[1] “The Salic Law (Lex Salica.)” In From Roman to Merovingian Gaul. Ed. and trans by Alexander Callander Murray. (University of Toronto Press: Toronto. 2000.) 552.

[2] Autumn Dolan, “‘You Would Do Better to Keep Your Mouth Shut:’ The Significance of Talk in Sixth Century Gaul.” In Proceedings from The Western Society for French History 40 (2012.) http://quod.lib.umich.edu/w/wsfh/0642292.0040.001?view=text;rgn=main. Accessed November 22, 2015.

[3] Gregory of Tours. “History of the Franks”. In The Internet History Sourcebook. Ed. by Paul Halsall. Trans. by Ernest Brehaut. https://legacy.fordham.edu/halsall/basis/gregory-hist.asp. Accessed November 22, 2015. Located on page 308 in the Murray edition, however it is abridged. The Internet History Sourcebook has the complete chapter.

[4] Dolan, 5, Gregory of Tours, VI.49.

[5] Salic Law CIV 1-3, as noted by Dolan.

Who Built the Wall?

I’ve signed up for a free online course on Hadrian’s Wall via FutureLearn, offered by Newcastle University in the UK. Not that I don’t already have enough to do with my own graduate studies at the University of New Hampshire, but I figured that I would reblog a site that came up on Twitter, and link to the course itself. It started Monday, but I believe there is still time to sign up. Please join me in learning about this really cool part of Roman History!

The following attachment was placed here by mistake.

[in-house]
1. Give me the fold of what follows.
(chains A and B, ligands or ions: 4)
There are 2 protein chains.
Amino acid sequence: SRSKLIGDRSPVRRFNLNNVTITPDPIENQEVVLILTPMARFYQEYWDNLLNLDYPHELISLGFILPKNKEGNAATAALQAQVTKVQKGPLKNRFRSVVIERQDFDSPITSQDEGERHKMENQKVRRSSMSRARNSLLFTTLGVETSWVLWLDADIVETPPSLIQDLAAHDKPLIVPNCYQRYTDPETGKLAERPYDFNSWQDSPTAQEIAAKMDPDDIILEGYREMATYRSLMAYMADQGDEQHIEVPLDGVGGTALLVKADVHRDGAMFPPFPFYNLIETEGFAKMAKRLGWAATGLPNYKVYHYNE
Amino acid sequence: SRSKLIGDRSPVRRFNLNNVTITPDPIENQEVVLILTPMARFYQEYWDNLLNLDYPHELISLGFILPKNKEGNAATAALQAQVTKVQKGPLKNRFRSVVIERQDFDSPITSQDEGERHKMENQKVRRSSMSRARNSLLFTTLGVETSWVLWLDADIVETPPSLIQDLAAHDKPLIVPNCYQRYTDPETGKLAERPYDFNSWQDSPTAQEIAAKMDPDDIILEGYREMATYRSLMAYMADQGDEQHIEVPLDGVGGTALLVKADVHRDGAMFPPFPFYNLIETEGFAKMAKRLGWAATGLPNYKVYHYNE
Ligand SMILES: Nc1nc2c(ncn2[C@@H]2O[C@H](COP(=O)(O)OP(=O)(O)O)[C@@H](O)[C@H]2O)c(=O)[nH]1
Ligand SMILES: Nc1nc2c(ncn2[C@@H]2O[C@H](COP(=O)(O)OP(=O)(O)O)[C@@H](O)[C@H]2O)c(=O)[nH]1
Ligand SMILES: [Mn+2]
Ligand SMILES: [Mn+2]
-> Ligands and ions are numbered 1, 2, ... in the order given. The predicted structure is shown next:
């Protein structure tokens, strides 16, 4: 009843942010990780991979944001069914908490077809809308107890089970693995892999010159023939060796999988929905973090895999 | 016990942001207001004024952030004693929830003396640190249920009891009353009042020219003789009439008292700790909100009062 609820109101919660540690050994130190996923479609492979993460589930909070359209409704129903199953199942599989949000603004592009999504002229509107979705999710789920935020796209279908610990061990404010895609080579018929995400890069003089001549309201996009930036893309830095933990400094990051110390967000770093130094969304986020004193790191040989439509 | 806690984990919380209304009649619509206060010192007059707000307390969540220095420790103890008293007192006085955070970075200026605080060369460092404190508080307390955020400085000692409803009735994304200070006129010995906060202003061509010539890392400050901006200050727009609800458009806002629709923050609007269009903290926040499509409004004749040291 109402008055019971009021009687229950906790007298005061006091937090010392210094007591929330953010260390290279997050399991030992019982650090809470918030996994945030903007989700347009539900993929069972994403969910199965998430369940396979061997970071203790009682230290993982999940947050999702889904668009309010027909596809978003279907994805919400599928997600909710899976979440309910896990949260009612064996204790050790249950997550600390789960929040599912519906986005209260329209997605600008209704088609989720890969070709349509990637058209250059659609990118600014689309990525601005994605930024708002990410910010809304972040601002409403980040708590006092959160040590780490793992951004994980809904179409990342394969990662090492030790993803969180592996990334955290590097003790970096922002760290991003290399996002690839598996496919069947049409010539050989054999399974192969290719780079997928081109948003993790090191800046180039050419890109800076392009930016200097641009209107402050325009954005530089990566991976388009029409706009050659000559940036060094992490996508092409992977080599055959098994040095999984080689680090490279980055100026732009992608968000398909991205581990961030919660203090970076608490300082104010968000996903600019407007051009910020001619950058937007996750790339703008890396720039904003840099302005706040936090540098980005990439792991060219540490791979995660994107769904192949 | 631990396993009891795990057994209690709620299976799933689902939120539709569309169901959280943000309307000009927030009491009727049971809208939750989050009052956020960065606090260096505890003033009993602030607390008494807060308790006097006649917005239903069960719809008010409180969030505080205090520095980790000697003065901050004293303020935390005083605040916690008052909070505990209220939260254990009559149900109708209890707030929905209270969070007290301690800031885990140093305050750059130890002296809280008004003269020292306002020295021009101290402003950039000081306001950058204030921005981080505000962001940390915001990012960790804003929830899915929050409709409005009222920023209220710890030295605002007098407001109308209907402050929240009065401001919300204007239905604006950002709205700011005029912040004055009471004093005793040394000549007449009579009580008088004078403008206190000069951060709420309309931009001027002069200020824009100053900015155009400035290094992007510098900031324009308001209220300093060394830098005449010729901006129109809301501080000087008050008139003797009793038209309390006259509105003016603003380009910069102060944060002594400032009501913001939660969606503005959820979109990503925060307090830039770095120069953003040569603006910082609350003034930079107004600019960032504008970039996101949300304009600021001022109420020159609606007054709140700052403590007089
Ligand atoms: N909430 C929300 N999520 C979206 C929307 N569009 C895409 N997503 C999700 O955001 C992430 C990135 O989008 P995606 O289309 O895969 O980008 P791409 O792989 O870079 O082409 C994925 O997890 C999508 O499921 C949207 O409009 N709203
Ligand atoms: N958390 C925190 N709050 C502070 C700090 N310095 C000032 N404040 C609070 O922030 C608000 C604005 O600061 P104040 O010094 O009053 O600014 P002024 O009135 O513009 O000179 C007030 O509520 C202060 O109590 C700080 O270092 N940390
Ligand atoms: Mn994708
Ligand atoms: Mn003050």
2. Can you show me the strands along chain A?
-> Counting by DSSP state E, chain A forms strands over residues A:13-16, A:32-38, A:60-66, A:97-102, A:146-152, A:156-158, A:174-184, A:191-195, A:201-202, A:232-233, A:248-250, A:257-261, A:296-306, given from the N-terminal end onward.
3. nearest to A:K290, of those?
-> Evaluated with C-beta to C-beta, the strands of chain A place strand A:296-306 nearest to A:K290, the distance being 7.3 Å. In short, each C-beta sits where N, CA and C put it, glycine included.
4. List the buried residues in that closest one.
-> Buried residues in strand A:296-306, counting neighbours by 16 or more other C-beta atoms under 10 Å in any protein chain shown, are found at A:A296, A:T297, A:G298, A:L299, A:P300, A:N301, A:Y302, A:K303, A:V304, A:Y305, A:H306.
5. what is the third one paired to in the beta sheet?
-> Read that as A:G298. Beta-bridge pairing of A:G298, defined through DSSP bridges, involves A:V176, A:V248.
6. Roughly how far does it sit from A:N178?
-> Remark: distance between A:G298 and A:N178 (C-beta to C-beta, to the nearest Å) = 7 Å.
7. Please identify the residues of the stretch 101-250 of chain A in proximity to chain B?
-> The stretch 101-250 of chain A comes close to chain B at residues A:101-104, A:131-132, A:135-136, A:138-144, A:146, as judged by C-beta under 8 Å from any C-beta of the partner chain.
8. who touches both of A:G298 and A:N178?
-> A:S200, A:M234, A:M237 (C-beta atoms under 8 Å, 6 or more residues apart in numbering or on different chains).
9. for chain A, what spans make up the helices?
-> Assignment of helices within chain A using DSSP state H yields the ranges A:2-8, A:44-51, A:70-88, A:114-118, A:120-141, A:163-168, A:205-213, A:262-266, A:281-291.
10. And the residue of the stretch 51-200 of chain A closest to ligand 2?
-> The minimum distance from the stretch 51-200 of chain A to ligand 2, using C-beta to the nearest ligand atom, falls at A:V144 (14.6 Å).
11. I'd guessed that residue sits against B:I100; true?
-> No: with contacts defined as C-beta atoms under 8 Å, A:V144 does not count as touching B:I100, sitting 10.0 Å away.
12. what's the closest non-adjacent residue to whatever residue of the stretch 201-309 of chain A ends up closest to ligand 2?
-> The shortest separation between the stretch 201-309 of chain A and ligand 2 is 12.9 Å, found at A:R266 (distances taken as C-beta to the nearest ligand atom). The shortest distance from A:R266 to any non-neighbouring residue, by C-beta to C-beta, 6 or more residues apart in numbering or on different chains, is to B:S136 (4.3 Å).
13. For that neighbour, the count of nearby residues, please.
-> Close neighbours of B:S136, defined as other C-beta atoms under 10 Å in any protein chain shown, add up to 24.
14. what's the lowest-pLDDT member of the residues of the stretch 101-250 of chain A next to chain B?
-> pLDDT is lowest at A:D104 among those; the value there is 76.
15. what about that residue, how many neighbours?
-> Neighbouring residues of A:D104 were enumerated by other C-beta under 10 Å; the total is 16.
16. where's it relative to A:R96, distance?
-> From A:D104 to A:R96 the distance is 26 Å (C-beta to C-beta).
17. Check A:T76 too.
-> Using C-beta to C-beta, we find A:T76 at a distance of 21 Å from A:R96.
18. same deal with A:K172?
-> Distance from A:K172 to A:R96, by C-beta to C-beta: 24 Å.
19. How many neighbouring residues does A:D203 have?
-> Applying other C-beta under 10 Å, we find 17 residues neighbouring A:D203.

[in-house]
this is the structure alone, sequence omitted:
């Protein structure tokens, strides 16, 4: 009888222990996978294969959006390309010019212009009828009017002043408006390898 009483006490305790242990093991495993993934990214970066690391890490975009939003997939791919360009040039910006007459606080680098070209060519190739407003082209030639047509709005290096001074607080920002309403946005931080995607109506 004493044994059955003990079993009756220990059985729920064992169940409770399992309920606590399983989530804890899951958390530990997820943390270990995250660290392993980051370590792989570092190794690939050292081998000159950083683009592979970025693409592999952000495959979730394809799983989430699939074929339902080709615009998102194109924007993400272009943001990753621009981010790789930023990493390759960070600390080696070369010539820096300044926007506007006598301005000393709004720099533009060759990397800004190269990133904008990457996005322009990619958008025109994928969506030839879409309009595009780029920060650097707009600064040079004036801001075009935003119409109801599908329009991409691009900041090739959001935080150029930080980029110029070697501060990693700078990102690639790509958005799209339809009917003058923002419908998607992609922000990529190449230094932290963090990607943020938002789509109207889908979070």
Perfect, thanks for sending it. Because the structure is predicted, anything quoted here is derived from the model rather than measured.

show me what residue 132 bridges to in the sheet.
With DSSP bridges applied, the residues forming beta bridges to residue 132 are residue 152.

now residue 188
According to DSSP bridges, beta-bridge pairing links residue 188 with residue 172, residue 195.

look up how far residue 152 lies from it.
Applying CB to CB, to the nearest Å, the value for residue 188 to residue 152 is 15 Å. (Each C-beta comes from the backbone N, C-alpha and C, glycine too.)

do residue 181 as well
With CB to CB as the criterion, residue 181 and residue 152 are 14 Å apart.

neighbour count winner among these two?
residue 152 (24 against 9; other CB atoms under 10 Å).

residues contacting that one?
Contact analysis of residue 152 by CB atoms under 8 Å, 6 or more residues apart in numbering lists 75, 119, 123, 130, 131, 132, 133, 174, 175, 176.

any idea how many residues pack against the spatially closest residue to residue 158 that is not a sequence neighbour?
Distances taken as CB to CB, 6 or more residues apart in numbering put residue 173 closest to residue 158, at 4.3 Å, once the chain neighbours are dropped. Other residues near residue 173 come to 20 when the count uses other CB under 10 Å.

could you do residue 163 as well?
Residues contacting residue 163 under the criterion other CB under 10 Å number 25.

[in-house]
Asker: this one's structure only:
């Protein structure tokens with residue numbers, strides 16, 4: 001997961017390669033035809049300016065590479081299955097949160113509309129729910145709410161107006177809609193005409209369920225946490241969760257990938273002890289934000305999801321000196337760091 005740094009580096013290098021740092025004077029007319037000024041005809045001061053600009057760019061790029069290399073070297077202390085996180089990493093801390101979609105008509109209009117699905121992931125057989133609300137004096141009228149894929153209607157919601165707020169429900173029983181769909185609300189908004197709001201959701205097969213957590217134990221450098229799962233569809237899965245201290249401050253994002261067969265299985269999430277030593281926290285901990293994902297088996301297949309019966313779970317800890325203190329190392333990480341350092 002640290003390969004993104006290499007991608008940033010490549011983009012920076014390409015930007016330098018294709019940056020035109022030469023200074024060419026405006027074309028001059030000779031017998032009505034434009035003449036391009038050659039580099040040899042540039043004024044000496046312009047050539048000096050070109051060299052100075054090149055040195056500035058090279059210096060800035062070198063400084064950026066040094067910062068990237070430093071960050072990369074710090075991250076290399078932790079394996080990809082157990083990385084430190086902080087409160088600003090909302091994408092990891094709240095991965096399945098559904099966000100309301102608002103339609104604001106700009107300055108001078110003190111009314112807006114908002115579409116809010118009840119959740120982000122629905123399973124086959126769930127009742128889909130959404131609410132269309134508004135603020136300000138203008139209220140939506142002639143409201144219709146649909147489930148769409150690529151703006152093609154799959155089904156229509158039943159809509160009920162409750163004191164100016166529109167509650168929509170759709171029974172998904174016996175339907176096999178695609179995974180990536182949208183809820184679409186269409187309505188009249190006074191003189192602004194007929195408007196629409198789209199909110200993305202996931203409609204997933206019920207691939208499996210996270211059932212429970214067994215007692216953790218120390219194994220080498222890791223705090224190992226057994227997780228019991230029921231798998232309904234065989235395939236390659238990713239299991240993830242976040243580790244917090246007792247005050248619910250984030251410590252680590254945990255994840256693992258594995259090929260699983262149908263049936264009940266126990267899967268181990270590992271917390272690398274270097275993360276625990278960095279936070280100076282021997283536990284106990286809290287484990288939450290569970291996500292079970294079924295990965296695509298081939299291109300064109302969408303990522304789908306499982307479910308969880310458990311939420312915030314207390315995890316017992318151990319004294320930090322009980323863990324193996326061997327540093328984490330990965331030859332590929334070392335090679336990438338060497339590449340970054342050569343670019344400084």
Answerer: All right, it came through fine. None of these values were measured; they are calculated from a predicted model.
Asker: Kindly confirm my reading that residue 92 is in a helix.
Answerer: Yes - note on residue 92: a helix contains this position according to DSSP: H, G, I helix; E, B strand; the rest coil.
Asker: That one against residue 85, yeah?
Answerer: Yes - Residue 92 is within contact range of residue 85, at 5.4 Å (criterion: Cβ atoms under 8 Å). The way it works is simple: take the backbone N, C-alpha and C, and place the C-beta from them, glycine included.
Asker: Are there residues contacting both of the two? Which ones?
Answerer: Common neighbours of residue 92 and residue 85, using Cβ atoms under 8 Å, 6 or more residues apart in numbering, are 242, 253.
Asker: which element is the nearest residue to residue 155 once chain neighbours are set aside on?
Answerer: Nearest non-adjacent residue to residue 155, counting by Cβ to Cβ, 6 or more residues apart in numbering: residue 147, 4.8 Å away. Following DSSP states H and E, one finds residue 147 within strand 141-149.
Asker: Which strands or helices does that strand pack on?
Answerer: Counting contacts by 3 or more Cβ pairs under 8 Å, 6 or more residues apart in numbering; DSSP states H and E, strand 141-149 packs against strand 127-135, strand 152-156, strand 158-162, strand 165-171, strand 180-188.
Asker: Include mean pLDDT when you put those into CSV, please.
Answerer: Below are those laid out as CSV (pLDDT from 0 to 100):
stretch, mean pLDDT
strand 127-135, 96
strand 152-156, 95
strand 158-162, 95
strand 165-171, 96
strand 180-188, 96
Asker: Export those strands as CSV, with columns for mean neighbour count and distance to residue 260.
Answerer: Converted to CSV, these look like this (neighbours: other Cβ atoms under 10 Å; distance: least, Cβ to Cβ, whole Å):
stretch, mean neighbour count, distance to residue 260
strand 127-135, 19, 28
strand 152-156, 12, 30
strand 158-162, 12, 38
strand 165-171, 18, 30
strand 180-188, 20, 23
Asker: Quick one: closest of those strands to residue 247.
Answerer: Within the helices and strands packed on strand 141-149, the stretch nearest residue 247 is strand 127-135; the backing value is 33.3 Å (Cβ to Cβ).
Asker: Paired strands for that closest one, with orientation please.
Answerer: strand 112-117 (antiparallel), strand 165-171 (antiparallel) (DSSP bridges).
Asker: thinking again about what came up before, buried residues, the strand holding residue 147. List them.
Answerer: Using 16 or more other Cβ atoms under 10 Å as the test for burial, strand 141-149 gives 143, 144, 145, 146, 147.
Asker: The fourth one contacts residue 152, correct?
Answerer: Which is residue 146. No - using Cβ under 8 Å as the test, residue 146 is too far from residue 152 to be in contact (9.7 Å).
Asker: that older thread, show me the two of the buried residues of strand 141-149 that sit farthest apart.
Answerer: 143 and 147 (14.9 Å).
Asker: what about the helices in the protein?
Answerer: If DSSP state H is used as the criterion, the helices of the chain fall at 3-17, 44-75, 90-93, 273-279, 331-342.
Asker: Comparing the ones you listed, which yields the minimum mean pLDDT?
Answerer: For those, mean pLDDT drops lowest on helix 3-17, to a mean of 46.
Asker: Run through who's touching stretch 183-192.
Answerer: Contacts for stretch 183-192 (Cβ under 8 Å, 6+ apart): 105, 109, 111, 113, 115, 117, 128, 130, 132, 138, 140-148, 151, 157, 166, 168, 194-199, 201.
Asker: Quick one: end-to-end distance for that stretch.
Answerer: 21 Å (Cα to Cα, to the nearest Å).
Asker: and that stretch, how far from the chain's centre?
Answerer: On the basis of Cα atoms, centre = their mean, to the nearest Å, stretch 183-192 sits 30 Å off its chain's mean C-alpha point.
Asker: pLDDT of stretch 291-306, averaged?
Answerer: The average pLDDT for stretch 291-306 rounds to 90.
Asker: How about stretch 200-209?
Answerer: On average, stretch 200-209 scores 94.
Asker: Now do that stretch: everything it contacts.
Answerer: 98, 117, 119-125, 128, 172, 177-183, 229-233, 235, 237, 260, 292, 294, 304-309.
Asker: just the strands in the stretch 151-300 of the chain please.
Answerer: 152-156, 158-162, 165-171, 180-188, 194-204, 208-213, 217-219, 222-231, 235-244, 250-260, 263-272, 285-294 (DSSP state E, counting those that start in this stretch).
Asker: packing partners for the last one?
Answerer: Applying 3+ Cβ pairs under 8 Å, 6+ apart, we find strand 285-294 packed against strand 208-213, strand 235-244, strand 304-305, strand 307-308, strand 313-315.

https://www.futurelearn.com/courses/hadrians-wall
#FLHadrian is the hashtag, find me under @ang_costello on Twitter for discussion. 🙂

Per Lineam Valli

The legions

A legion was around 5,000 heavily armed and armoured men who were, by the 2nd century AD, even more of an anachronism than the rams that still adorned the prow of every Roman warship in their fleets. Organised into ten cohorts, each of around 480 men, they were extremely effective in open battle, especially when complemented by their attached auxiliaries. Legionaries (never, please, ‘legionnaires’) were nevertheless unsuitable for garrisoning a province and all-too-easily wrong-footed by even the most basic of insurgencies (as all technologically dependent armies tend to be).

Britannia was to turn out to be a troubled (and troubling) place. It needed four legions until the end of the AD 80s and right up until the beginning of the 2nd century AD it still had three (II Augusta, IX Hispana, and XX Valeria Victrix). Then something happened, and at some point between…